Police, fire and emergency services dispatchers across the state are being honored for their hard work this week.

Lance Terry, communications system manager for the City of Norman, said this week is recognized as National Public Safety Telecommunications Week.

Congress passed a national declaration for the observance in 1991, he said. The week honors dispatchers who are behind the scene answering calls for help.

“They’re the first voice you hear when you call for help,” Terry said.

In 2009, Norman dispatchers answered 58,326 emergency calls, according to information that Terry provided. Dispatchers received 165,287 non-emergency calls in the same year.

Terry said the Association of Central Oklahoma Government promotes National Public Safety Telecommunications activities. Departments in the Oklahoma City area hold decorating contests, he said. The theme for this year is “Pay it Forward.”

One department picks another to shadow, Terry said.

This year, Norman dispatchers selected Edmond.

The entrance into the dispatchers’ office bears an Edmond Communications Systems sign.

“We’ve won the last three out of four years,” Terry said.

He said Norman’s dispatchers picked up the decorating award again this year.

“We decorated in their honor,” he said. “One employee recognized another.”

Dispatchers in Guthrie chose to decorate their dispatch area in honor of Norman.

Terry said dispatchers also filled bags with items to give Edmond dispatchers.

“This gets our minds off day to day calls and builds a team atmosphere,” he said.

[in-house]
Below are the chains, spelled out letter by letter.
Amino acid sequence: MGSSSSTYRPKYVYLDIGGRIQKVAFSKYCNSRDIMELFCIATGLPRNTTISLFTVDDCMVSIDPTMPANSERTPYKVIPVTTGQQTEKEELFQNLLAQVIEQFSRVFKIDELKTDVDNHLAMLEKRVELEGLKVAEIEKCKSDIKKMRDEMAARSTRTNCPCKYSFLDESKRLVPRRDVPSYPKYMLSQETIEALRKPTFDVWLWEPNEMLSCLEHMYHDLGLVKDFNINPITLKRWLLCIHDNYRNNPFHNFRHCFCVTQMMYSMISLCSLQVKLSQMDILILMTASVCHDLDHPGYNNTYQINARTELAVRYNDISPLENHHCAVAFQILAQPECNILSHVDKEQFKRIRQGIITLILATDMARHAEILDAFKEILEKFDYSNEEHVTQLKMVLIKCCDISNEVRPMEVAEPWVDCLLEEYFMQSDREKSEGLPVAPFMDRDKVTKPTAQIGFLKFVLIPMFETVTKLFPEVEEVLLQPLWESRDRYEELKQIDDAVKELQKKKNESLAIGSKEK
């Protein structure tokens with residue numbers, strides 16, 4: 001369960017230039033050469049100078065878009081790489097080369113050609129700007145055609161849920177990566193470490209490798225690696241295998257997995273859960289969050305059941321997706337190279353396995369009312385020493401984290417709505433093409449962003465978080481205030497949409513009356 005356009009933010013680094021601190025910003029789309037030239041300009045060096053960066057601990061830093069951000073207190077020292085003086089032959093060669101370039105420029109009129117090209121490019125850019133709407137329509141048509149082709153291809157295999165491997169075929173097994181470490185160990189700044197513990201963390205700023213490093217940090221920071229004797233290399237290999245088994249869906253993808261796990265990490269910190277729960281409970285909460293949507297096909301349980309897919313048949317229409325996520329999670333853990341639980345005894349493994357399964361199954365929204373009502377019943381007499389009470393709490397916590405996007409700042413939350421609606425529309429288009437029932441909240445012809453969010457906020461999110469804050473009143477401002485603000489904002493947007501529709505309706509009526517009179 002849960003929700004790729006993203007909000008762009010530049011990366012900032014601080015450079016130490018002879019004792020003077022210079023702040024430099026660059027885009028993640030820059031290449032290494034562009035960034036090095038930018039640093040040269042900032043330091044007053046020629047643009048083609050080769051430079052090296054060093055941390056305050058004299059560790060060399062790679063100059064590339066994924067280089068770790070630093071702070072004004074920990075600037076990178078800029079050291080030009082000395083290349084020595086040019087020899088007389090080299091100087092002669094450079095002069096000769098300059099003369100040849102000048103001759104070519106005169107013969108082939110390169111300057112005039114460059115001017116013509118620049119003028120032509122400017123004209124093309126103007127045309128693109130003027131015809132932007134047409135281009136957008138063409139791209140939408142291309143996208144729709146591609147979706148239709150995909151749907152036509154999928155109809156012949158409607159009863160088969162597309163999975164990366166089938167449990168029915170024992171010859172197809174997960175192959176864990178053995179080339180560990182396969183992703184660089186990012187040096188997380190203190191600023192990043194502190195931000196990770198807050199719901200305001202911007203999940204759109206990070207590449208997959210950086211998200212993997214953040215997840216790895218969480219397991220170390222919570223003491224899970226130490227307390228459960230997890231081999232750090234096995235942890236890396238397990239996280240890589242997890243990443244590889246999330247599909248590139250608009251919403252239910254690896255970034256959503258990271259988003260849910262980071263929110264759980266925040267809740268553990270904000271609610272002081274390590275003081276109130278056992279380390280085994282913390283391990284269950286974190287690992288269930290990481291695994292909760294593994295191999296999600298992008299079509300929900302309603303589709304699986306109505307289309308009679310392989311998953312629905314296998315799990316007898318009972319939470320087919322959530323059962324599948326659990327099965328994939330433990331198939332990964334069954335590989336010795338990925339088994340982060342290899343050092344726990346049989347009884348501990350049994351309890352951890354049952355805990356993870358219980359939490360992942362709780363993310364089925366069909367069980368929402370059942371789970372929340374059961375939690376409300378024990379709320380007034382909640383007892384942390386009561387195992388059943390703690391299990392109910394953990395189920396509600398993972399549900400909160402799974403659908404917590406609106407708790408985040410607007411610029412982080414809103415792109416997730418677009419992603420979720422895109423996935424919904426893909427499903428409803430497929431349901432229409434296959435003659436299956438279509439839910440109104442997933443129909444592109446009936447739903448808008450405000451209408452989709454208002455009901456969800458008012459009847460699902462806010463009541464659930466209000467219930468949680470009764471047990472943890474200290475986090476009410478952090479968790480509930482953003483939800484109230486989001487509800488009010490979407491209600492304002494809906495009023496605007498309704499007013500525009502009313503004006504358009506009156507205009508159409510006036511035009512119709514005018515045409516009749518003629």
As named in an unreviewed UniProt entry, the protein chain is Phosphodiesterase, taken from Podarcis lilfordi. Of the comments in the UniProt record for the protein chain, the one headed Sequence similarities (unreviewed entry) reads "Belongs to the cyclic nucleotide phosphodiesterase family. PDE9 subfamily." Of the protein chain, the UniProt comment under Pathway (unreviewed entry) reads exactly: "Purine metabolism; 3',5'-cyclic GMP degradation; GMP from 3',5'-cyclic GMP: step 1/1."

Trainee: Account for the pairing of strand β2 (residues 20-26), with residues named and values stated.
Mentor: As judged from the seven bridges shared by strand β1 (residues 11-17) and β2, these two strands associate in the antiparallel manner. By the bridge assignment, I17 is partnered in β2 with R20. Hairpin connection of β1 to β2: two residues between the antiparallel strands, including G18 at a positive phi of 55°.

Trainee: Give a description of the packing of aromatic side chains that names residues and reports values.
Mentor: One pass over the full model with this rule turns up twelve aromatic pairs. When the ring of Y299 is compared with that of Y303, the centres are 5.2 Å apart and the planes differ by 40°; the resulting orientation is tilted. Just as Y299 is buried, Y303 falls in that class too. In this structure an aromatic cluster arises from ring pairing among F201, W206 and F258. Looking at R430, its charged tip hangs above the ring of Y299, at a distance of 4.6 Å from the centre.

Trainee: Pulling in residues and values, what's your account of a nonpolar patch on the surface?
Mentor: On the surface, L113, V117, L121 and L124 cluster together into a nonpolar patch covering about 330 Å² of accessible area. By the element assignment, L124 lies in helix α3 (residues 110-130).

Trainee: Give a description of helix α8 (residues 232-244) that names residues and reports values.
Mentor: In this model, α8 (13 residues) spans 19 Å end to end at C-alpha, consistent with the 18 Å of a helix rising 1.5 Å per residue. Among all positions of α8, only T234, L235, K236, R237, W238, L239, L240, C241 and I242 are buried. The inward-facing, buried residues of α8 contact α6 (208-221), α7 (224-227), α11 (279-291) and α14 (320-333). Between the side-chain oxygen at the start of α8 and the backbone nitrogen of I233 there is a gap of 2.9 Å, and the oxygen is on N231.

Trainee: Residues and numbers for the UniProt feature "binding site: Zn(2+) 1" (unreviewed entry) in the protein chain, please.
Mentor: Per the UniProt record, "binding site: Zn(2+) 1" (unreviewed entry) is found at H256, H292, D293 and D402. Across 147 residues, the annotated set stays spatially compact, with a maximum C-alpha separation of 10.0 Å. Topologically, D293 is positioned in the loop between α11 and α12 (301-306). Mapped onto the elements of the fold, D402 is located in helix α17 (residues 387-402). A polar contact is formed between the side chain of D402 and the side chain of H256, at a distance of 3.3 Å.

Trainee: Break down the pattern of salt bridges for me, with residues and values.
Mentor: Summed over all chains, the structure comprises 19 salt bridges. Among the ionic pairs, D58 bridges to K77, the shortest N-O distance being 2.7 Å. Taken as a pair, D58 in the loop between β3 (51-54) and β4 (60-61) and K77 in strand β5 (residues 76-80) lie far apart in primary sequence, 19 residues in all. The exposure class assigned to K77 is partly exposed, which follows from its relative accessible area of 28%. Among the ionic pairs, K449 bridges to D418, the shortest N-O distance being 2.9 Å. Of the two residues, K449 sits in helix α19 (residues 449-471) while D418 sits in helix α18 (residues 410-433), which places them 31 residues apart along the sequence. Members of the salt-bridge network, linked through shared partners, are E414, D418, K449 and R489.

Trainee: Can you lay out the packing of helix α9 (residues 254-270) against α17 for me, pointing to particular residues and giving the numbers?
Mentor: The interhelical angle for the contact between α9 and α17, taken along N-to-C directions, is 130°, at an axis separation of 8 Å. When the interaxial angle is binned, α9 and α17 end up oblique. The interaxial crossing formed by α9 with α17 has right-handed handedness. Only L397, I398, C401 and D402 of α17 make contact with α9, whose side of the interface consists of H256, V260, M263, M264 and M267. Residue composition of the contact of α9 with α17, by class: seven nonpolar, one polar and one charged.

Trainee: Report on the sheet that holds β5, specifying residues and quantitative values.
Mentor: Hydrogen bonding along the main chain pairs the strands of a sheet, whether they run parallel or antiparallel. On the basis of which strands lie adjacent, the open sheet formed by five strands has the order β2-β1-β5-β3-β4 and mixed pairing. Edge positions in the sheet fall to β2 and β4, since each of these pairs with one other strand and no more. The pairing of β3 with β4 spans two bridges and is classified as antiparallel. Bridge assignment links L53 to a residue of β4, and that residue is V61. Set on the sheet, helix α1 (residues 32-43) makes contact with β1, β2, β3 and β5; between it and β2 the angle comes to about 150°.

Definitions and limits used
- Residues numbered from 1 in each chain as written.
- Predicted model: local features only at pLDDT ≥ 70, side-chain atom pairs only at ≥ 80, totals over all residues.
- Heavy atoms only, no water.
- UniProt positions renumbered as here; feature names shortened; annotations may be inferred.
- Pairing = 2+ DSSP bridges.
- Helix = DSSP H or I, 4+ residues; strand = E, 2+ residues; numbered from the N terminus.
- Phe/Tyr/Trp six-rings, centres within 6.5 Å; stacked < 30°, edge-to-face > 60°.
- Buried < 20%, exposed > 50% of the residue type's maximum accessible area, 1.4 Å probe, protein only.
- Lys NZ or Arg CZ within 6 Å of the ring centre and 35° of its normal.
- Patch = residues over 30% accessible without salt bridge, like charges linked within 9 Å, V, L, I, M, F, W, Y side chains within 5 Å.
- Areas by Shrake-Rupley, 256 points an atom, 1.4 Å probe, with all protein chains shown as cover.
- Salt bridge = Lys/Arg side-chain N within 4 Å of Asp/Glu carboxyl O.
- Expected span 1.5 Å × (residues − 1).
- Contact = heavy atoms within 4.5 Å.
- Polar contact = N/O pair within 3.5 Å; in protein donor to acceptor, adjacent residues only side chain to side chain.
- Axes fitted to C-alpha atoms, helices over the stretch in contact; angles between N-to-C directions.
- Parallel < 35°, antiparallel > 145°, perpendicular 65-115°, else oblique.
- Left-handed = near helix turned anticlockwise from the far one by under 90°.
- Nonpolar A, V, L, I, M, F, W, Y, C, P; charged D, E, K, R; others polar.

Lead Communications Training Officer Samantha Keith said for this week only, dispatchers were able to leave their uniforms at home.

“We get to wear regular clothes and show our personalities,” she said.

Keith will celebrate her 14th year as a dispatcher in Norman in June. She said the excitement associated with the job keeps her in the profession.

“I’m still here to help but the excitement keeps me coming back,” Keith said.

A minimum of four dispatchers answer calls from 11 a.m. to 3 a.m. The number drops to three from 3 a.m. to 11 a.m.

Dispatcher Stephanie Lake has worked in Norman for six months. Lake said no call is the same.

“There’s nothing repetitive,” she said.

Her co-workers agreed.

Carolyn Glover said over the years dispatching has changed from a job to a profession. Glover has been a dispatcher for Norman’s fire and police departments for 25 years.

She spent the first four years with the Norman Fire Department.

“I was an A crew dispatcher. I worked a 24-hour shift,” Glover said.

When Norman upgraded to 911, Glover moved to the Norman Police Department where dispatchers work from an office in the building’s bottom floor.

“I love working with my officers and firefighters,” Glover said. “I truly think we have some of the best here.”

Meghan McCormick 366-3539 mmccormick@normantranscript.com

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